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Hillary: How important would you say teaching acceptance of others in the classroom?

Dr.E: Teaching acceptance is an extremely important topic throughout K-12. The fact that
we don't teach it enough is why we have many incidences of bullying. Saying nothing
condones the behavior and deems it acceptable.

Hillary: How have you taught this topic in your classroom and could you give me an
example?
Dr.E: One of the things that I did in my classroom (even with 7 year olds -- second graders)
is having students research and present a news piece (local, national, or world news). A
different student can report each day. As a teacher you can dictate the topic. This allows
you to address topics such as 'acceptance' while at the same time integrates the language
skills of reading, writing, listening, and speaking.

I have also taught lessons on empathy. Where I share how meanness and hurtful behavior
comes about from students who may have experienced disappointment, loss, or negative
situations in their life, which makes them hard, resentful, and later they manifest into hurtful
behavior. Students learn to talk about those instances to obtain understanding, and
hopefully to eliminate the outward behaviors that can be injurious to others.

Hillary: How many years have you taught ESL instruction in the classroom.
Dr.E: The number of years vary between my time as a teacher, literacy coach, and
administrator who supervised teachers who taught English language learners. Overall, over
10 years.

Hillary: From your experience teaching culture in the classroom how much of an effect did
you notice from your students?
Dr. E: There were times where I explicitly taught culture, but more importantly was the
implementation of culturally relevant instruction. This means providing resources and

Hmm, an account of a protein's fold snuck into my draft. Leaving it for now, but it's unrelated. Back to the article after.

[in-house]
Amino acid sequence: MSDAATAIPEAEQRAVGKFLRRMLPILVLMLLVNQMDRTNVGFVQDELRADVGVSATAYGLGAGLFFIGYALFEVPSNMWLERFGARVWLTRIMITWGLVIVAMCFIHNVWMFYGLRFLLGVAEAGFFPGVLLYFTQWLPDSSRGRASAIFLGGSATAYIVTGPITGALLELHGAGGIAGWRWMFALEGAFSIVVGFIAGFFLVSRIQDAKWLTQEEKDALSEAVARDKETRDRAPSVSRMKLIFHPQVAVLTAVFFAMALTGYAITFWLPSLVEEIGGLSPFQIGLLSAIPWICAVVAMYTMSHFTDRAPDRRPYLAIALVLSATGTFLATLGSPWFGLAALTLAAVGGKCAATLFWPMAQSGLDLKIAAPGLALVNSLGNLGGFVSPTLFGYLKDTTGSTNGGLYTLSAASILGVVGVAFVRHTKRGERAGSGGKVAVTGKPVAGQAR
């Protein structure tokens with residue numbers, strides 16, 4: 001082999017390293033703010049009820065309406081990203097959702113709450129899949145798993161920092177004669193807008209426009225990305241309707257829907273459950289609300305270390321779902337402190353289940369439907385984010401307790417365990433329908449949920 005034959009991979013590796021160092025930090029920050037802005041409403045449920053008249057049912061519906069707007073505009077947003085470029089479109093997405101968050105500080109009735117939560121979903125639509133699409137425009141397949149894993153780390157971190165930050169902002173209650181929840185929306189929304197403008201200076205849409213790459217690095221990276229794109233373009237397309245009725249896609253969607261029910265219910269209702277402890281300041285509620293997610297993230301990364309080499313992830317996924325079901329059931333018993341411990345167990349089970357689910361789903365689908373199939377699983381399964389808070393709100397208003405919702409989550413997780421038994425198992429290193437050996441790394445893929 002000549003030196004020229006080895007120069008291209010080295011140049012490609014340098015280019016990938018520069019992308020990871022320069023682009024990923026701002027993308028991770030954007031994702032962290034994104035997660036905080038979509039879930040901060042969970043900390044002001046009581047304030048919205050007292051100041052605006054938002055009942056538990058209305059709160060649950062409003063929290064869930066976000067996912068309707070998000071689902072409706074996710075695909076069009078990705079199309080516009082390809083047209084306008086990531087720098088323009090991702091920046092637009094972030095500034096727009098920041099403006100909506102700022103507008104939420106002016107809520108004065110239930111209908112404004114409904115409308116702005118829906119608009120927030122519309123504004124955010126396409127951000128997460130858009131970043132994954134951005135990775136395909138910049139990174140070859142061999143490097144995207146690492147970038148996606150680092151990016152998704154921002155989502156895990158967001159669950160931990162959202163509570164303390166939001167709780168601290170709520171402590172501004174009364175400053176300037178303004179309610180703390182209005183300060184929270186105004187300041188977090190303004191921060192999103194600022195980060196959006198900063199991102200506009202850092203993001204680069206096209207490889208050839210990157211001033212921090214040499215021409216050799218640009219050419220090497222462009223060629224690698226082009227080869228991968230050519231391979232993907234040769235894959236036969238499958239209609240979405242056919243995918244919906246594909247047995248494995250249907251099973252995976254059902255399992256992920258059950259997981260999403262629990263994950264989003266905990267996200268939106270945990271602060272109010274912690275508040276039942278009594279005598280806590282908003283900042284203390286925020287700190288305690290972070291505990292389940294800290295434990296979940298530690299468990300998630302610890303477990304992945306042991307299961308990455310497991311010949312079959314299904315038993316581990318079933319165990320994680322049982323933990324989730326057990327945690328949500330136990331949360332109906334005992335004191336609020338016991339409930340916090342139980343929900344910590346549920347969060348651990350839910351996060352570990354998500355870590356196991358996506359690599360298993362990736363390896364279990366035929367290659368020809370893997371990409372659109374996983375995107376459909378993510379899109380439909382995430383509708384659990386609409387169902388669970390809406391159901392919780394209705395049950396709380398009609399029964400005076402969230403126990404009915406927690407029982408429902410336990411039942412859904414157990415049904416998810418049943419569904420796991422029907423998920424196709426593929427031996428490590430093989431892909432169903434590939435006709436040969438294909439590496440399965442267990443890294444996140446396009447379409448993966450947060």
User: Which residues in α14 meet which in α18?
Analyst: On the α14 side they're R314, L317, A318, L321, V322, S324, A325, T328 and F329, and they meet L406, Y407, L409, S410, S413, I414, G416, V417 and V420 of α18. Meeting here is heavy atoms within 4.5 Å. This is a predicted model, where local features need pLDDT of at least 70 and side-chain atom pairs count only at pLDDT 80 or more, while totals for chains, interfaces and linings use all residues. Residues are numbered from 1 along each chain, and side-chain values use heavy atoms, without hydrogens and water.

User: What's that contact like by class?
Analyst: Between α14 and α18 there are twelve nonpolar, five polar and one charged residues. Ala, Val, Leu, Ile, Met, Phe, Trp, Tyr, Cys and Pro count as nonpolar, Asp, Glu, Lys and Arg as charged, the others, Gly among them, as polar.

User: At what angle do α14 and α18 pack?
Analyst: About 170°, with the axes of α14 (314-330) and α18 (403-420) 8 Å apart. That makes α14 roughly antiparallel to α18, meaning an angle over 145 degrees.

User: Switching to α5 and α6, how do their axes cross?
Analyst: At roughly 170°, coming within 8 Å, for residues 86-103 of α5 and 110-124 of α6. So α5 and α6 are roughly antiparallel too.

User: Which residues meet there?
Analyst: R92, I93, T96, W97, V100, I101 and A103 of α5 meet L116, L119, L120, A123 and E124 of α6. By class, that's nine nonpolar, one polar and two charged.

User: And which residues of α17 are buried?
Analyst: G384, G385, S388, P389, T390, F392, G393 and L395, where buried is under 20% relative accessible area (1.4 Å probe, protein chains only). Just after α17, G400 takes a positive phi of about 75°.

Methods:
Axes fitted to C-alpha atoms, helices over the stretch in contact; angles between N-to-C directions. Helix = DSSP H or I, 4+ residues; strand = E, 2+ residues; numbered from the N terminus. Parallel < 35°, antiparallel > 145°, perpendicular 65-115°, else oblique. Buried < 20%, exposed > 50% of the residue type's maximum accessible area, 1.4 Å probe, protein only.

allowing discussions that allow for students to see or share their culture with others.
Overtime, students begin to see this as part of the classroom culture and inevitably students
don't just 'tolerate' but accept/embrace differences (in race/ethnicity, language, gender, faith,
ableness and more).

Hillary: How has working with ESL students and their families differed from working with
mainstream students?
Dr. E: In terms of caring, there is no difference. It is, however, much more difficult to discern
family background with respect to education from the get go but as you spend more time
with parents (mostly with the assistance of an interpreter educator or family member) you
can ask all the questions you need that would lend to working with parents for the best
interest of their child. Parents of English learners are often apprehensive about participating
because they feel they don't have as much to offer due to language barriers, but this doesn't
have to be true if educators build relationships that make them feel comfortable and
confident.

Hillary: Do ESL teaching techniques work with mainstream students?
Dr. E: The short answer is 'yes' ESL strategies and techniques do work with mainstream
students, particularly students who may need additional scaffolding. For instance, students
who come from low socio-economic households may have challenges with academic
language or concepts that may relate to standards that need to be taught. Also, not all
students may have mastered learning strategies that help them understand content and
vocabulary. Techniques such as using visuals and graphic organizers such as thinking maps
helps mainstream as well as ELs.